When I asked A.D. where he sees his art going, he said, “I think the best way to describe it would be ‘epic pieces’ – large statements, whether they be abstract or figurative, particularly in Vegas.” These large scale pieces would be a broader canvas for A.D. to make a statement with his work, and I was intrigued by his connection to Vegas. “There is a lot that can be said in a town like this. Vegas is really all about art. I think it provides a lot of creative energy that can be expanded upon.” I was curious if this vibe was what had inspired A.D. to settle down in Vegas in recent years. “Kathy and I eloped to Vegas twenty-six years ago,” he says, “and we came here for our anniversary every couple of years. Every time we came here we would say how we needed to move here. Vegas is more in line with the kind of work I want to create.” I would agree that the sensual nature and edgy content of A.D.’s work lend itself to the tastes of Sin City, but I believe that his work is also timeless, whether the pure expression of a nude painting or the stimulating ambiguity of abstract on metal. A.D. Cook has spent a lifetime creating art and has collectors all over the world. He will no doubt continue to remain relevant and inspiring no matter where his artistic journey may take him.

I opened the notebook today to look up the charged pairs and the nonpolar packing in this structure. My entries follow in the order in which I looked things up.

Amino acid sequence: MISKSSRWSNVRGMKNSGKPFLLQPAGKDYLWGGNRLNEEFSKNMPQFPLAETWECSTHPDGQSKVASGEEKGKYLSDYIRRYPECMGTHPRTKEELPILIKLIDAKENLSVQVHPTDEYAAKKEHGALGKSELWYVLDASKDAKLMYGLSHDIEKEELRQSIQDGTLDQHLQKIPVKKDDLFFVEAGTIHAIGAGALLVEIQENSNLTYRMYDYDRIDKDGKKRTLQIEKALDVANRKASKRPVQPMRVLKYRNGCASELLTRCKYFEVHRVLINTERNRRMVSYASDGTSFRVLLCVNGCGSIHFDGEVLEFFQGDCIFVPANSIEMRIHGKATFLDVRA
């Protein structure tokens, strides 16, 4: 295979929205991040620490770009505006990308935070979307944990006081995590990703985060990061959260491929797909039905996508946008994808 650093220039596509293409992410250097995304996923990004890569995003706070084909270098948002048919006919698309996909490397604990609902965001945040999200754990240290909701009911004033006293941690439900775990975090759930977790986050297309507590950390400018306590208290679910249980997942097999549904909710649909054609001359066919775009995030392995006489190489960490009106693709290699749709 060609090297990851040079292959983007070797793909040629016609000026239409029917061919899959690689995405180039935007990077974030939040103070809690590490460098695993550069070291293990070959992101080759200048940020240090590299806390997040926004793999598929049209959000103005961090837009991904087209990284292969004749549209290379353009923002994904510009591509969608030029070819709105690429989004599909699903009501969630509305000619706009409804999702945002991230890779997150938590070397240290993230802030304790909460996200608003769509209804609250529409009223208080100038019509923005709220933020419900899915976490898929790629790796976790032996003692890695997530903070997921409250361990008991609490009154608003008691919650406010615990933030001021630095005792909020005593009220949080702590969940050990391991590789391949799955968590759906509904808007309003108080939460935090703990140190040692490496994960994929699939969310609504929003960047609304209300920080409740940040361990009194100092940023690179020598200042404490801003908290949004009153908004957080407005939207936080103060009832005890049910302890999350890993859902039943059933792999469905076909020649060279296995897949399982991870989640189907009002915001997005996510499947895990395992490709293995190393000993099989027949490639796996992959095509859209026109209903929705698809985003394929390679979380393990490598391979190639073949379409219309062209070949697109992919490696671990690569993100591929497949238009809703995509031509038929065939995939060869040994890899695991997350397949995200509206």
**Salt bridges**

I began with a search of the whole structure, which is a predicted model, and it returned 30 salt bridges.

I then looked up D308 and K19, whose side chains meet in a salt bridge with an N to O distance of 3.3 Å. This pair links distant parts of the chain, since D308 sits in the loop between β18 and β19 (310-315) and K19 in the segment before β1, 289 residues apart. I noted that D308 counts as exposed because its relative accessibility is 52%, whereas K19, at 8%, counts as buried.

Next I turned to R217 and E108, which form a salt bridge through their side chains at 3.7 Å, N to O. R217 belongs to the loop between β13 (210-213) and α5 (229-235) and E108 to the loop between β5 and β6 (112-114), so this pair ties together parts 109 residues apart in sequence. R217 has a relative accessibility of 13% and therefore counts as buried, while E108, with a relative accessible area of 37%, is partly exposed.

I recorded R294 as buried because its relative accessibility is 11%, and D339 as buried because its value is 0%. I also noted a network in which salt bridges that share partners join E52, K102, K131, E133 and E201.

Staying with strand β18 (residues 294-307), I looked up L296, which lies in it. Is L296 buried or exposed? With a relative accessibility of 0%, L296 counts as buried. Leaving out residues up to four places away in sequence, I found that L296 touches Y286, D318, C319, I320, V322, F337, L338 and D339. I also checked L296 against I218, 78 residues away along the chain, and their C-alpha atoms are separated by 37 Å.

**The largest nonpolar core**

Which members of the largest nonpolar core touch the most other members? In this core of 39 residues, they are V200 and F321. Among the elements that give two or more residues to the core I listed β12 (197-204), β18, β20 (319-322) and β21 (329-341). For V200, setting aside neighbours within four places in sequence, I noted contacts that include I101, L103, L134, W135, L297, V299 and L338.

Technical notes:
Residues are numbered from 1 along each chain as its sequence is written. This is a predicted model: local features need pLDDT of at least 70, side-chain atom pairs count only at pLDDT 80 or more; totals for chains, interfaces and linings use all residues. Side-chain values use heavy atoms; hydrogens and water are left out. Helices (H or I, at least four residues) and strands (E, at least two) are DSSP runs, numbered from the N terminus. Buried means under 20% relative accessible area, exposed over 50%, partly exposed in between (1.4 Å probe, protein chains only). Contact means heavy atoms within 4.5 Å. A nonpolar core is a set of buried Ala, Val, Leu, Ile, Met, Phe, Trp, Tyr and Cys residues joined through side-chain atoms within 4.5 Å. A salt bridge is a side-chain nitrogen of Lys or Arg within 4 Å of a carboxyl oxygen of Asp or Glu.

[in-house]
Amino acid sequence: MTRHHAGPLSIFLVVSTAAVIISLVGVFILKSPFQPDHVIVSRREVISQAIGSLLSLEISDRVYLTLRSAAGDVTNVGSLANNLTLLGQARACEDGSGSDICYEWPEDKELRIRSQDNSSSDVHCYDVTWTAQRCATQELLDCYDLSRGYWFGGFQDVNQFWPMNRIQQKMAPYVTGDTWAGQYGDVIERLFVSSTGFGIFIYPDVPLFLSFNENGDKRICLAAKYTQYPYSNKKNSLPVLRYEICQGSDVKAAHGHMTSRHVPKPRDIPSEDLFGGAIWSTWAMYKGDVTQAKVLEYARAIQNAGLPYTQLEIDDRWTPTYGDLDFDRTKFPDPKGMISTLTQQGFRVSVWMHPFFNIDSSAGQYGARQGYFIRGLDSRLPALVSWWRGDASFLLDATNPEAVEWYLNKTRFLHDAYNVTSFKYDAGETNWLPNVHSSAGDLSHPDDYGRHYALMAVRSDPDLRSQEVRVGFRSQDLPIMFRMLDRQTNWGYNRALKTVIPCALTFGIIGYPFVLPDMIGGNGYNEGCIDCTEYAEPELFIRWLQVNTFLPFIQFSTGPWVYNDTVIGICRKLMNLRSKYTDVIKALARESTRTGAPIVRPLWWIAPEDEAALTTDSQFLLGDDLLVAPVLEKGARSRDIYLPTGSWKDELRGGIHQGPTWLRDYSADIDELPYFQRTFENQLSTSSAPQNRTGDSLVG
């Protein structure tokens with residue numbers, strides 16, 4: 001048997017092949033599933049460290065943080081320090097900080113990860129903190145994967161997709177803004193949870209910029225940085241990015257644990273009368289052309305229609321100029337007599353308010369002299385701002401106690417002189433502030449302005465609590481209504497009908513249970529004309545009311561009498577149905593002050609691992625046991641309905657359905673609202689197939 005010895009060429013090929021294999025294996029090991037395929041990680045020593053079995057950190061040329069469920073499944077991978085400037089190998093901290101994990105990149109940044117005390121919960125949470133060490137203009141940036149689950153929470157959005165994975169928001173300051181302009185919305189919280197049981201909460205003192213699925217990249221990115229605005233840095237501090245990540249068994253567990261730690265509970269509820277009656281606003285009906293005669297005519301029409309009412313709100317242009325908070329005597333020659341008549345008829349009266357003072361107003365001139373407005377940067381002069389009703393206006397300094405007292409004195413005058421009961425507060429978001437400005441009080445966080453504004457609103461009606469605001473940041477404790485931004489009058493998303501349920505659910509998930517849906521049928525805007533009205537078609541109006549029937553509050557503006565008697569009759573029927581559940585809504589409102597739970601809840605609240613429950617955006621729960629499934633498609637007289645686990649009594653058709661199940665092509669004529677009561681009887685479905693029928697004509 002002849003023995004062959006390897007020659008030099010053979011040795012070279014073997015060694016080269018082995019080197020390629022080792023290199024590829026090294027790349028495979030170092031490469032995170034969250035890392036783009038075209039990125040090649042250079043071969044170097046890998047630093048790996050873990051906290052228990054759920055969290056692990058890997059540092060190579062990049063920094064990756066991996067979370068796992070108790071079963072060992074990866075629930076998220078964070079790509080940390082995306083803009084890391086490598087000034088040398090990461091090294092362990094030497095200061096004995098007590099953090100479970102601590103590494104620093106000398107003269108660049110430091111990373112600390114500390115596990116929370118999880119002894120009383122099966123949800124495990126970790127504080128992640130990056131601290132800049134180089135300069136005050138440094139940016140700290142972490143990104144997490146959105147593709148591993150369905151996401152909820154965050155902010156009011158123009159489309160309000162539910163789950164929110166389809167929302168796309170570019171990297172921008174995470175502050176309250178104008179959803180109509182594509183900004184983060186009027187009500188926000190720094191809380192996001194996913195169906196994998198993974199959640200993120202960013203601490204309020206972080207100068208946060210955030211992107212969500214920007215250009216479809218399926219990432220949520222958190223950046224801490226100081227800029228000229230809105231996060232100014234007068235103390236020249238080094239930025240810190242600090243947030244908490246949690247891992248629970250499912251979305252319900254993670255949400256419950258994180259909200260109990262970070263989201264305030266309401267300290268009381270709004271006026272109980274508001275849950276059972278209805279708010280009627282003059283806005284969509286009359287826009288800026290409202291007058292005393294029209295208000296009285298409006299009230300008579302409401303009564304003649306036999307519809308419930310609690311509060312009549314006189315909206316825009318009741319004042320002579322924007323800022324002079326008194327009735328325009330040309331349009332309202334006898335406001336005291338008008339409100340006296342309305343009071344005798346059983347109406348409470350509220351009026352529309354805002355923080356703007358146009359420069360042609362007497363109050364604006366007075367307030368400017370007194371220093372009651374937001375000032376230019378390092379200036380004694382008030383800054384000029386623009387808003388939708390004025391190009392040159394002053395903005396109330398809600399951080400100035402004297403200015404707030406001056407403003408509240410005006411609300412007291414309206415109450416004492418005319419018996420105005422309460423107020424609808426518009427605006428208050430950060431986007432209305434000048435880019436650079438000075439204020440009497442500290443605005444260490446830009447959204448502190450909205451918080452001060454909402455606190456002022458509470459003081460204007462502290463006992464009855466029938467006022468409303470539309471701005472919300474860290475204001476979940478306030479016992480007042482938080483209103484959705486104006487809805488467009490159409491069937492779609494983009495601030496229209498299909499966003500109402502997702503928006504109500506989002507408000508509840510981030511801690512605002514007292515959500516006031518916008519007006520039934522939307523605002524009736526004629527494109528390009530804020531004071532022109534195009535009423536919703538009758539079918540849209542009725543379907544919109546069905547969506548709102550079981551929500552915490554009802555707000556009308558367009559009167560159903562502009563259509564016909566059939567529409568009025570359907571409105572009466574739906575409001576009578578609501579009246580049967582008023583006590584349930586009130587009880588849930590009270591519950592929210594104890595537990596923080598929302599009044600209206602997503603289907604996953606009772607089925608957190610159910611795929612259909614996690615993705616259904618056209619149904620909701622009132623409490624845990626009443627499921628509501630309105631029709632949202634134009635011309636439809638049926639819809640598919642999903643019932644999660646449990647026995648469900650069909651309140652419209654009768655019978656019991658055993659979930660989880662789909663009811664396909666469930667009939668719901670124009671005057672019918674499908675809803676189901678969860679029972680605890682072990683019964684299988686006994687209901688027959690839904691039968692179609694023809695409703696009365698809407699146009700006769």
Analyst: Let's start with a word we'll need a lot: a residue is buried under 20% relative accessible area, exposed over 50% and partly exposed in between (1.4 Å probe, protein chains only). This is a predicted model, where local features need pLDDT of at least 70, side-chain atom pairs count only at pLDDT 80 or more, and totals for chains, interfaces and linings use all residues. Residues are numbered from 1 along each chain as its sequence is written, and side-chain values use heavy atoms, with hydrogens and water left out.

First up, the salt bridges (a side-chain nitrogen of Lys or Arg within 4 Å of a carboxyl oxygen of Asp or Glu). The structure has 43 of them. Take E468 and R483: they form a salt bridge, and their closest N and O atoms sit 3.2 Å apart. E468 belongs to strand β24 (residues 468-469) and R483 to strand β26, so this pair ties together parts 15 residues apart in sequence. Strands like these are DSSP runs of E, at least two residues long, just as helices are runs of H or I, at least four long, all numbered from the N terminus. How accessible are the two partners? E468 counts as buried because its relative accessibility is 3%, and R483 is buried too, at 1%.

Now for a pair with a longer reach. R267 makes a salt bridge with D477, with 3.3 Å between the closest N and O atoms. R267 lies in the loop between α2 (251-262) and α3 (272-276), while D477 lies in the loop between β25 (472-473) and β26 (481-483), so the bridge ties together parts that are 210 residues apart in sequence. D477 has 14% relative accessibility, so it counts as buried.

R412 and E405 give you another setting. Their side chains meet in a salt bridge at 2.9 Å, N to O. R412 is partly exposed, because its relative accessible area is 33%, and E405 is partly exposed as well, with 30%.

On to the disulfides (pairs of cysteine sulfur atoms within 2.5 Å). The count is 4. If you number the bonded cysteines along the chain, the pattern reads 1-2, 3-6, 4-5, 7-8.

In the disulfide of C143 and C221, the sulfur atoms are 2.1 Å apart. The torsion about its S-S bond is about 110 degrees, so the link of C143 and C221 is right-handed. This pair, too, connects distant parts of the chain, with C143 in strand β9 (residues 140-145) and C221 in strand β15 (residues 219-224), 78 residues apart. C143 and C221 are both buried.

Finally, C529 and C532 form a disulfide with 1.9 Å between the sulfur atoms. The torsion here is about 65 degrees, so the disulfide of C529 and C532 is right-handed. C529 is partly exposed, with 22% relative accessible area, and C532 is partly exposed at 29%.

Featured in this article:

Original abstracts on metal

Orb 2700 – 28″ x 21″
Abstract 2708 – 36″ x 18″ (Heaven and Earth series)
Abstract 2703 – 38″ x 8″

Figurative originals on canvas

Ardor – 48″ x 36″
Solitaire – 24″ x 72″
Luxe – 36″ x 48″

Figurative originals on metal

Syrah – 36″ x 18″
Muah! – 36″ x 18″
Breeze – 30″ x 60″

Posted with permission from AquaC Green Publishing and Aqua Cabana Magazine

— More Posts From This Author —

SEVEN by A.D. Cook 1993 (preview)
A.D. Cook


Sign Up For My Newsletter

* indicates required

Intuit Mailchimp

Scroll to Top

Artist Updates

Keep up on my stories of art, love, Las Vegas, and beyond.

Sign Up For My Newsletter

* indicates required

Intuit Mailchimp